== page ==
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The Mobile Threat Report points to evidence suggesting that Android malware “are focusing on utilizing the native component, and only downloading a root exploit when needed.” It goes on to say that the root exploit is often deleted by the malware itself, in an effort to cover its tracks.
The majority of the attacks, according to the report, are SMS bugs that send messages to premium numbers, thereby racking up fees. Most of these exploits are found on third-party sites, but a few have reportedly found their way into the mainstream Android market.
The exposures not only pose risks to the garden variety of Android user but also require a fresh look at how compliance requirements are executed in targeted vertical markets.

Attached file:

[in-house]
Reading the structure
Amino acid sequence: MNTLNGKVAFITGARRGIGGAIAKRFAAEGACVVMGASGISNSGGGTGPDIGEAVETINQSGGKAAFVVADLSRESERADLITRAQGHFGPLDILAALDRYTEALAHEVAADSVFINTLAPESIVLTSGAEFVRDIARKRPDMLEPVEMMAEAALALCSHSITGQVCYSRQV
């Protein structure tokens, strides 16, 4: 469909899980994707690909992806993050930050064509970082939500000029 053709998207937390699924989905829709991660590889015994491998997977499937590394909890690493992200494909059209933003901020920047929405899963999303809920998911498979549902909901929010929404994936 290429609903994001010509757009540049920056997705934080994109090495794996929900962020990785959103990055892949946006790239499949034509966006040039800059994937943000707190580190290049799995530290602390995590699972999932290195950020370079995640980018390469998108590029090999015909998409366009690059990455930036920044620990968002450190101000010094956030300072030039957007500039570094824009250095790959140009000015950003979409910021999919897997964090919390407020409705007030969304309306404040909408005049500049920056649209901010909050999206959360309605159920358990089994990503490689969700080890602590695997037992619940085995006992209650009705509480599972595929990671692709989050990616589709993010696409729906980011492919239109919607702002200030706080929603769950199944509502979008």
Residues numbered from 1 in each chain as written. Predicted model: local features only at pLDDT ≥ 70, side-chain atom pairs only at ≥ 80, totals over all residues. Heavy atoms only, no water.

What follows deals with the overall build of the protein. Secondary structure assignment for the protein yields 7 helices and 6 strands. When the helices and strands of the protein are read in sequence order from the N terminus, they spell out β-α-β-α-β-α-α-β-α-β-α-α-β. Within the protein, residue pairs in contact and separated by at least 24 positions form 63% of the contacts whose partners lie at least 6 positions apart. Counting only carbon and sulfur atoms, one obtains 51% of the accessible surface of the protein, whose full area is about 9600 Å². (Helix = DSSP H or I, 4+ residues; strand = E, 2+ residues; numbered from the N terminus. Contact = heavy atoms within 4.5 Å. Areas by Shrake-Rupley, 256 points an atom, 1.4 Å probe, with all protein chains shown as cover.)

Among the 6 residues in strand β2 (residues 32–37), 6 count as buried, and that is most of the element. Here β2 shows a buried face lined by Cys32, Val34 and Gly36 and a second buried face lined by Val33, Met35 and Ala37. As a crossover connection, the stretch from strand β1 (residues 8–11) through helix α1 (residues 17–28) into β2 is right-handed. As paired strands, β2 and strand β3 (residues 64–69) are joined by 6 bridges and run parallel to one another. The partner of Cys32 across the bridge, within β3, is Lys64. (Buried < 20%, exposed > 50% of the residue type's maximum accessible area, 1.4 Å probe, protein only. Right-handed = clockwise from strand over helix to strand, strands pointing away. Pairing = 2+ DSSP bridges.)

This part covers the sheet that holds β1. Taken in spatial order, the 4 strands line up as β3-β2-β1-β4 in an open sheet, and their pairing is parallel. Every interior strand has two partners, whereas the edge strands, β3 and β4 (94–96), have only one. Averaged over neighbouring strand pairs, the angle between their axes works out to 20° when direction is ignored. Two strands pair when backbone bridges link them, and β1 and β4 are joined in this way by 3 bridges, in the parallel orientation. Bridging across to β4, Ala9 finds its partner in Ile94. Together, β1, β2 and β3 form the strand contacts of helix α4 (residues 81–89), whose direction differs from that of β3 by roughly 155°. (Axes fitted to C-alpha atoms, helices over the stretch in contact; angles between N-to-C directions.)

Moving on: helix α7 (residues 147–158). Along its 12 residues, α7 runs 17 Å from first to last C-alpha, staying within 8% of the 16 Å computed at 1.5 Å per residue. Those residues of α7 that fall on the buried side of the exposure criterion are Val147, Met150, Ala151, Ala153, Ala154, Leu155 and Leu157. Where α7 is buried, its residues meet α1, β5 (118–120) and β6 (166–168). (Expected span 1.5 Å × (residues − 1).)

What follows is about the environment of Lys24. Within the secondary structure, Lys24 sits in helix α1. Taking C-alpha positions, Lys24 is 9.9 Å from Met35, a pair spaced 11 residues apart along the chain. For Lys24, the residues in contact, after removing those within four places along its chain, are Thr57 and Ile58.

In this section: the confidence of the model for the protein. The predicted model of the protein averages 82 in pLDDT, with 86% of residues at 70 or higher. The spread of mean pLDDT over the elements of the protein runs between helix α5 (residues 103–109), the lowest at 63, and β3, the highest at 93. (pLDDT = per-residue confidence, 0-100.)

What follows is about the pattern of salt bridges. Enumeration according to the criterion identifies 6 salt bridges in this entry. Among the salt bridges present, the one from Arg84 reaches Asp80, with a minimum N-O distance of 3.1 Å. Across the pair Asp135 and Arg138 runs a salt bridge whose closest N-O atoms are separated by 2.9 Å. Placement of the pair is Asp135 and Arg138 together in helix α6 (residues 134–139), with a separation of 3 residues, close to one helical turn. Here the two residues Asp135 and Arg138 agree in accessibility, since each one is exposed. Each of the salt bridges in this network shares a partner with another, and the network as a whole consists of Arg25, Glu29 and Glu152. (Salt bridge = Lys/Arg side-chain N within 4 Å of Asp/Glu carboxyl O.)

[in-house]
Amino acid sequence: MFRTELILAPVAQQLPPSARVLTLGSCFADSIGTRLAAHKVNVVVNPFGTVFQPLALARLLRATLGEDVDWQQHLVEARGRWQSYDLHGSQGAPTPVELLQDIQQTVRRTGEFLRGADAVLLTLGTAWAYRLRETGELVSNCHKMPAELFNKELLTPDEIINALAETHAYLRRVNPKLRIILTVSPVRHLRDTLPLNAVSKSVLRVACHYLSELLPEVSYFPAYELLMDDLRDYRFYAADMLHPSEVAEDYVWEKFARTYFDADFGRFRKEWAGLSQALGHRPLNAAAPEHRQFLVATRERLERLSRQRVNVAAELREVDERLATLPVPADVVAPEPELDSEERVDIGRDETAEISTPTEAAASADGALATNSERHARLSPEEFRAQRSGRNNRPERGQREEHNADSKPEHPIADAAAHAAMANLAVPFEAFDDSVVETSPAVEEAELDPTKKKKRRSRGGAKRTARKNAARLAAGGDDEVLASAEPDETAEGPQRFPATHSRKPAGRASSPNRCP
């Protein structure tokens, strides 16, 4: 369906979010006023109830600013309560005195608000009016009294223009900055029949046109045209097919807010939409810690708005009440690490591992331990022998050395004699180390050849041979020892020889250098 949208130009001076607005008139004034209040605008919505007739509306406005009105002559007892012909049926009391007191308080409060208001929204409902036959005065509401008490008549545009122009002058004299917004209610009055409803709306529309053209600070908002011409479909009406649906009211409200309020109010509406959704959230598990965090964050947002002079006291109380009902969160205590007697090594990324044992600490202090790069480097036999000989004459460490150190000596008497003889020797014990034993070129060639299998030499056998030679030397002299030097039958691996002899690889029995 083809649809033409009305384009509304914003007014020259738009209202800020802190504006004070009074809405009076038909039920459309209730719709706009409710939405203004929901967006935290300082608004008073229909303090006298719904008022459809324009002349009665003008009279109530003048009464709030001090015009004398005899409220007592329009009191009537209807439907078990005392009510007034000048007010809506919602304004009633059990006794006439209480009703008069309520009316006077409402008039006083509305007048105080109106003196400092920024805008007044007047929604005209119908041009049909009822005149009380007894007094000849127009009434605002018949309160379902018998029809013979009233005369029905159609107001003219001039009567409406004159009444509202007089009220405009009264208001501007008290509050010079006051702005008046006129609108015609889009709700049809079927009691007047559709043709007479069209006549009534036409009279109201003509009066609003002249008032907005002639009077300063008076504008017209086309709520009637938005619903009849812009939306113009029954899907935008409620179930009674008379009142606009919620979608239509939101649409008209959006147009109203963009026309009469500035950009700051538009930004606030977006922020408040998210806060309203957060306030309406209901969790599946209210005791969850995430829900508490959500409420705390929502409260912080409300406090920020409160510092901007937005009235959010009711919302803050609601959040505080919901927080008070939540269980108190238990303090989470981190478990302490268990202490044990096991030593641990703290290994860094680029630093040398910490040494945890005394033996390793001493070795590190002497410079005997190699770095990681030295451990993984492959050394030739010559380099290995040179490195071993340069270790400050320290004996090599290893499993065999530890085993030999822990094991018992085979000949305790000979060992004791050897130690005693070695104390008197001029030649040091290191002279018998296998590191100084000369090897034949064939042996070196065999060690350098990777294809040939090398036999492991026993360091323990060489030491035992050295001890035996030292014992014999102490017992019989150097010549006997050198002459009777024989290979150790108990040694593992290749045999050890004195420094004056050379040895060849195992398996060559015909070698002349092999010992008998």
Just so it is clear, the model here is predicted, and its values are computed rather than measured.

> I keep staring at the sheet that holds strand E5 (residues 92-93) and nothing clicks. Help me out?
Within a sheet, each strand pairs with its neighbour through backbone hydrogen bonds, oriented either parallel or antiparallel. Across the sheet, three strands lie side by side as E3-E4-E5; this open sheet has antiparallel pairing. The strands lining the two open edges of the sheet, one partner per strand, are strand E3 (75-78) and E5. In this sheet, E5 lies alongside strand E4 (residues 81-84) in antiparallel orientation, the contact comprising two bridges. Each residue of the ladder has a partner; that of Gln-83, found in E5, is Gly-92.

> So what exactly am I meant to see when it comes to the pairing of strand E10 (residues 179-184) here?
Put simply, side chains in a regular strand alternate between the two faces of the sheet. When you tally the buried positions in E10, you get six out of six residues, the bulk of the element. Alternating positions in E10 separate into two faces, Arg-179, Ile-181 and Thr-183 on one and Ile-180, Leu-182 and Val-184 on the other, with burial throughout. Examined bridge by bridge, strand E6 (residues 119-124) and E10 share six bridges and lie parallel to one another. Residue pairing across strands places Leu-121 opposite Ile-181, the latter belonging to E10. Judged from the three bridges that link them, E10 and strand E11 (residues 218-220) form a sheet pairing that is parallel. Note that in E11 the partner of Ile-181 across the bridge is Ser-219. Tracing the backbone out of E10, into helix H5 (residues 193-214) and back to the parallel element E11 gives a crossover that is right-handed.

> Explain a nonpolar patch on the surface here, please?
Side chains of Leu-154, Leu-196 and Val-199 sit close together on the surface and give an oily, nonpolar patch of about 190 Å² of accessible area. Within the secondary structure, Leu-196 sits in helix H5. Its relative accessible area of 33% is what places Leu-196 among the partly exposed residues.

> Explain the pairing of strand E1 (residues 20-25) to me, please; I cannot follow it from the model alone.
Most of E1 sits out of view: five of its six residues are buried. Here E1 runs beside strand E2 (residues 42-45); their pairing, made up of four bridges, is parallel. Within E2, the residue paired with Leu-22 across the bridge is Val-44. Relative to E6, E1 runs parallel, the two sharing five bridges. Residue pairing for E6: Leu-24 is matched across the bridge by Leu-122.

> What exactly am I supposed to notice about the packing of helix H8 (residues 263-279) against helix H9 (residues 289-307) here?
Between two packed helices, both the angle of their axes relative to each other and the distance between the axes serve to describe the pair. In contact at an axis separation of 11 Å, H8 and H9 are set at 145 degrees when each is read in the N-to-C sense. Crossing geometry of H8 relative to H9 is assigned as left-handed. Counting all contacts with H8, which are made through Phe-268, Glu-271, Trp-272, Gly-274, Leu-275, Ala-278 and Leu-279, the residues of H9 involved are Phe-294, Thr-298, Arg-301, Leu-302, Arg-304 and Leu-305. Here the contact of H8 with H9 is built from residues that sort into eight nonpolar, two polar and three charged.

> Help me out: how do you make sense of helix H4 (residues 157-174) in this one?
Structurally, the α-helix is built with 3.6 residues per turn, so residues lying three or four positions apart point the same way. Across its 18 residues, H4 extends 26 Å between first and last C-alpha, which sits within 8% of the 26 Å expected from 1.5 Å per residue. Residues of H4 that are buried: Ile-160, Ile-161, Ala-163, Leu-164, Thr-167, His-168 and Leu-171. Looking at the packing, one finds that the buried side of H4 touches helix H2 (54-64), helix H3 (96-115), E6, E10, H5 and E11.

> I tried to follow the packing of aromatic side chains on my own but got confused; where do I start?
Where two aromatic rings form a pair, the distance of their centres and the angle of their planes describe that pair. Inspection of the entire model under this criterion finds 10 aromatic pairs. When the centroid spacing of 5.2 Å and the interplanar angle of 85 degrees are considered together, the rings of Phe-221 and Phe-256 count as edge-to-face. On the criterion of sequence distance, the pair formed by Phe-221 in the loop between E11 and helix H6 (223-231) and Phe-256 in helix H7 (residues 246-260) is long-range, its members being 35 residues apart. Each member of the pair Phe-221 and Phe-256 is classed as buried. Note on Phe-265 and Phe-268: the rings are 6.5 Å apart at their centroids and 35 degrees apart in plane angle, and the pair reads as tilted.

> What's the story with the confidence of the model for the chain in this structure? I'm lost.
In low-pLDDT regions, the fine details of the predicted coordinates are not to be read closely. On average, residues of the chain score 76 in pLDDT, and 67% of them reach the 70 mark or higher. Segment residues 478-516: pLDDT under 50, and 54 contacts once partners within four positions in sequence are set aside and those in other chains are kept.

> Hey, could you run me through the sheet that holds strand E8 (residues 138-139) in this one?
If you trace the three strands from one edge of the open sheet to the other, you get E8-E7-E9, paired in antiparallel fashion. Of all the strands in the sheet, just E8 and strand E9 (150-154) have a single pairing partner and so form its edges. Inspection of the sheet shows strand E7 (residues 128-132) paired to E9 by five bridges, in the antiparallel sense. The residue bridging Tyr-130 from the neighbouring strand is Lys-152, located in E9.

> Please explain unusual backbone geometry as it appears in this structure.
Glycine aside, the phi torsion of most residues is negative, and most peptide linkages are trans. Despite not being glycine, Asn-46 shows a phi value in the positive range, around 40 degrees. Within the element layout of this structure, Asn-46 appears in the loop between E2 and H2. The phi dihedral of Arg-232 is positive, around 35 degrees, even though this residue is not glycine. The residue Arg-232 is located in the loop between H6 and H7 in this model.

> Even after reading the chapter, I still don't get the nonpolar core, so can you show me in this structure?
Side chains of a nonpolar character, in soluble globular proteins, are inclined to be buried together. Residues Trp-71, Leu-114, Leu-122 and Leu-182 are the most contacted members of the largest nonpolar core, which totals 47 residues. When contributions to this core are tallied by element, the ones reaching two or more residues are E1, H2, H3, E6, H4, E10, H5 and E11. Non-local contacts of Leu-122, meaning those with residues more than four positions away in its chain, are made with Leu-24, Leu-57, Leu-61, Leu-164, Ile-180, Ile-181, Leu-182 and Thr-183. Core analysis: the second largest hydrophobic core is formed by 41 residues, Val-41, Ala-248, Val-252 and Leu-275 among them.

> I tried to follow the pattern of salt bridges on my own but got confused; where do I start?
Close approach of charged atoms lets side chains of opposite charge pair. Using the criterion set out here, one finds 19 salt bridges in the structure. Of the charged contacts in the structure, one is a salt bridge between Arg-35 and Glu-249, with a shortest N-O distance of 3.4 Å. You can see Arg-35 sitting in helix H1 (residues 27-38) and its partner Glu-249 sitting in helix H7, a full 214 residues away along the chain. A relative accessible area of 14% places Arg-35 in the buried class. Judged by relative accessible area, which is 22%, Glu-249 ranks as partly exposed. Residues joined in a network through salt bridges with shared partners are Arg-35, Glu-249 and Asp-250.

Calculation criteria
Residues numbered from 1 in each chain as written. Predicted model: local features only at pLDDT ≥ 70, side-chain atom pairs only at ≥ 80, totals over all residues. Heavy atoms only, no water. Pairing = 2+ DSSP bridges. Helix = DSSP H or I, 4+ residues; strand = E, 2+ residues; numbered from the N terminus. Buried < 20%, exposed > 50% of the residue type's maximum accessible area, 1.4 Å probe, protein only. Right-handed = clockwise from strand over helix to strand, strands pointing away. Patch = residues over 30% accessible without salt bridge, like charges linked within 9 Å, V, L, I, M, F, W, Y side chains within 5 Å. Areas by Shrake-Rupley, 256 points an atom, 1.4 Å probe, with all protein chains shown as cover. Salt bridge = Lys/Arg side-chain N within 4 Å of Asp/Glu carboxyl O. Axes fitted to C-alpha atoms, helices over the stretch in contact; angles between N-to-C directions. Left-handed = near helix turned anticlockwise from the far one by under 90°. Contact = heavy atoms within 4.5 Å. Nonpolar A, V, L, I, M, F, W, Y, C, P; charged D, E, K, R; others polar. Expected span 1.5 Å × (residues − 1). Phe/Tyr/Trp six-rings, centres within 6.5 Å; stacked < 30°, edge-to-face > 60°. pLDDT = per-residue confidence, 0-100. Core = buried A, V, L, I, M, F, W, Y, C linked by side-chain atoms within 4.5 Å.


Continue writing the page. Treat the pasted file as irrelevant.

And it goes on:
“People are going to have to look at their compliance issues, whether it be Sarbanes-Oxley, PCI, HIPAA, or anything else, and then recognize and address the security exposures that stem from mobile devices,” added Sacramento Technology Group’s Usi. “If you miss the mobile devices, you’re as good as dead. The safest thing you can do at the moment is to make sure you’re using VPNs and multi-factor authentication.”